Board of Ed. of Independent School Dist. No. 92 of Pottawatomie Cty. v. Earls, 536 U. S. 822 (2002)

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Opinion of the Court

studies that identified on-the-job alcohol and drug use by railroad employees). Likewise, the need to prevent and deter the substantial harm of childhood drug use provides the necessary immediacy for a school testing policy. Indeed, it would make little sense to require a school district to wait for a substantial portion of its students to begin using drugs before it was allowed to institute a drug testing program designed to deter drug use.

Given the nationwide epidemic of drug use, and the evidence of increased drug use in Tecumseh schools, it was entirely reasonable for the School District to enact this particular drug testing policy. We reject the Court of Appeals' novel test that "any district seeking to impose a random suspicionless drug testing policy as a condition to participation in a school activity must demonstrate that there is some identifiable drug abuse problem among a sufficient number of those subject to the testing, such that testing that group of students will actually redress its drug problem." 242 F. 3d, at 1278. Among other problems, it would be difficult to administer such a test. As we cannot articulate a threshold level of drug use that would suffice to justify a drug testing program for schoolchildren, we refuse to fashion what would in effect be a constitutional quantum of drug use necessary to show a "drug problem."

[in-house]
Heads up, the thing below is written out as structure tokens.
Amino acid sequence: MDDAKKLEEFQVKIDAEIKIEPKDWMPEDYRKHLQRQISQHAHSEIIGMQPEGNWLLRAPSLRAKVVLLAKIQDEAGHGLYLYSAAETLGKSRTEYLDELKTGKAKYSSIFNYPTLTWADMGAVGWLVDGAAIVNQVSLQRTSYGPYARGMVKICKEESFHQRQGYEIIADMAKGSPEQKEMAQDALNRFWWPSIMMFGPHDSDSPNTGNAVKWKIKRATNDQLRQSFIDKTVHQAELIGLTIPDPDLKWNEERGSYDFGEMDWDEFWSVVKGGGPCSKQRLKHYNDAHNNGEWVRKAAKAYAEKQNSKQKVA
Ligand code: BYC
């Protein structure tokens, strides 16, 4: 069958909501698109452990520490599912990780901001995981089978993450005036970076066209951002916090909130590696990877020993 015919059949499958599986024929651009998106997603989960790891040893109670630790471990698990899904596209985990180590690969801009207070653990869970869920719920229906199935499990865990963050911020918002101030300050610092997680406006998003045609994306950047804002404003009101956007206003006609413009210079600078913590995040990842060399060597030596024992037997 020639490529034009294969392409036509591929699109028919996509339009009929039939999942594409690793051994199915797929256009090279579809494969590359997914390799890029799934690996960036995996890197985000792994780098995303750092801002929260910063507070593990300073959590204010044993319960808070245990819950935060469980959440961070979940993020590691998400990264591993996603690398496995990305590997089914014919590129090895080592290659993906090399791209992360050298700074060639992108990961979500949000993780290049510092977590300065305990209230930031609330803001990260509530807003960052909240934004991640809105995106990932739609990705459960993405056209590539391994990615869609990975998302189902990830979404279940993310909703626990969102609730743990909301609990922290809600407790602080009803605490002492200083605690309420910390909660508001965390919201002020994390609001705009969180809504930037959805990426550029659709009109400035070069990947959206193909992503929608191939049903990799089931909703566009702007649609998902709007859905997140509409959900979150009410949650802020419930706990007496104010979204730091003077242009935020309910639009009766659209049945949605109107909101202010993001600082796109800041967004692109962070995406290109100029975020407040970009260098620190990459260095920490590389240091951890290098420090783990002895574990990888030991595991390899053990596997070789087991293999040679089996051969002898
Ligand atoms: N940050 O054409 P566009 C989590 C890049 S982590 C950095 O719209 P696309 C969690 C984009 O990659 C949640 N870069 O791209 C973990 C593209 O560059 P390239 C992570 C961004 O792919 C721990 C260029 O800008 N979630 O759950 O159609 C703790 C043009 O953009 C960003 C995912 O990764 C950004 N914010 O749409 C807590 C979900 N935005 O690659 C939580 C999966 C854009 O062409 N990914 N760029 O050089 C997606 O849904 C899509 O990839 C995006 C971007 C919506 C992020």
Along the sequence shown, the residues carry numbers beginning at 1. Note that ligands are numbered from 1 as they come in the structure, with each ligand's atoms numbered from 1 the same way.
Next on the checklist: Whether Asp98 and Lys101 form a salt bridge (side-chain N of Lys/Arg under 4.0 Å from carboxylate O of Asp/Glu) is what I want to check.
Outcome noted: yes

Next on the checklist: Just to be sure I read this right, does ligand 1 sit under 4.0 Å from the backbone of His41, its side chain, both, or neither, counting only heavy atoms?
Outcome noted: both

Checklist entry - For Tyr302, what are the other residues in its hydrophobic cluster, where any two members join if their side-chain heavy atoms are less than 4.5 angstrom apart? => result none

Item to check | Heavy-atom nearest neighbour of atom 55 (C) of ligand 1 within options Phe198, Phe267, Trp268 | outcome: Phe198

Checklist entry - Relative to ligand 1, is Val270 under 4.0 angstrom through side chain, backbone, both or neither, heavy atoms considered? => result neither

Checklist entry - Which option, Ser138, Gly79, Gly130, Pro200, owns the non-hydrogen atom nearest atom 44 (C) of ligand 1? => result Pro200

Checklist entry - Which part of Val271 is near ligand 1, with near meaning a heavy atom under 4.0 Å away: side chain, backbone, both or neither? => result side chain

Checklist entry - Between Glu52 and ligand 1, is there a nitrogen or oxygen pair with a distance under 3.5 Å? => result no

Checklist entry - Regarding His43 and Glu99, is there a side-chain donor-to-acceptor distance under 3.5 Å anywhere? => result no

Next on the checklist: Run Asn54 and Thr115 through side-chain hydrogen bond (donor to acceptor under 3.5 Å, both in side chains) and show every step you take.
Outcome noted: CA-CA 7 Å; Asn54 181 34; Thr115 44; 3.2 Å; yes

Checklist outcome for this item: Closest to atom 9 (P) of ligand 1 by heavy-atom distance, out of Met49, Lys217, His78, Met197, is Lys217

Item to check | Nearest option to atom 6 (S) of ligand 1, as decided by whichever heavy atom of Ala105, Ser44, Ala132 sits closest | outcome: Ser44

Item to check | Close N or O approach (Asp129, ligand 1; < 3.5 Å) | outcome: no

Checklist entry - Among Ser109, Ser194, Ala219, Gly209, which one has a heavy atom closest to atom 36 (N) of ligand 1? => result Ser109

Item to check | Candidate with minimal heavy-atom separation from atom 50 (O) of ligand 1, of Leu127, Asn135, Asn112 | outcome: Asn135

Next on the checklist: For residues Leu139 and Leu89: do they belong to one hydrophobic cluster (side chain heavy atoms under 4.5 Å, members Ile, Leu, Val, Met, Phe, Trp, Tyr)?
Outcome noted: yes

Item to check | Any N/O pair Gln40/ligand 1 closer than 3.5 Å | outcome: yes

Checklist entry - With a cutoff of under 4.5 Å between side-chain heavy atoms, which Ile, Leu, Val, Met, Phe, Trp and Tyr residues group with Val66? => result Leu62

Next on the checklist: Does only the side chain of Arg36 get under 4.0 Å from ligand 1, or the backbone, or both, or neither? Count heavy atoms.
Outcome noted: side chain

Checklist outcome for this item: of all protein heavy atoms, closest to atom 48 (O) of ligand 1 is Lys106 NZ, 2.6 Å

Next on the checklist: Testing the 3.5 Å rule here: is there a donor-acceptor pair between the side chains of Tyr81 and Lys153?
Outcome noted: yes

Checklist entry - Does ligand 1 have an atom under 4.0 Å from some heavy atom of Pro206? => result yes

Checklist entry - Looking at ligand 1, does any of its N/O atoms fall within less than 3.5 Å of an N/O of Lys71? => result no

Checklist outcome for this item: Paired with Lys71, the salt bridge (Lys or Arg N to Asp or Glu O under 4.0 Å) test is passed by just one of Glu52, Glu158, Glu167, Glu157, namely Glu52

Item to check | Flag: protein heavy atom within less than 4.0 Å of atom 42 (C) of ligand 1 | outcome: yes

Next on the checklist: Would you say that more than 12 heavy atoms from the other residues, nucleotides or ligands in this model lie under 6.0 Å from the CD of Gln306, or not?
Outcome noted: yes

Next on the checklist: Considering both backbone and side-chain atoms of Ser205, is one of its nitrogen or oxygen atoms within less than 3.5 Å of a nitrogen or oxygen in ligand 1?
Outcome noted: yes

Respondents also argue that the testing of nonathletes does not implicate any safety concerns, and that safety is a "crucial factor" in applying the special needs framework. Brief for Respondents 25-27. They contend that there must be "surpassing safety interests," Skinner, supra, at 634, or "extraordinary safety and national security hazards," Von Raab, supra, at 674, in order to override the usual protections of the Fourth Amendment. See Brief for Respondents 25-26. Respondents are correct that safety factors into the special needs analysis, but the safety interest furthered by drug testing is undoubtedly substantial for all children, athletes and nonathletes alike. We know all too well that drug

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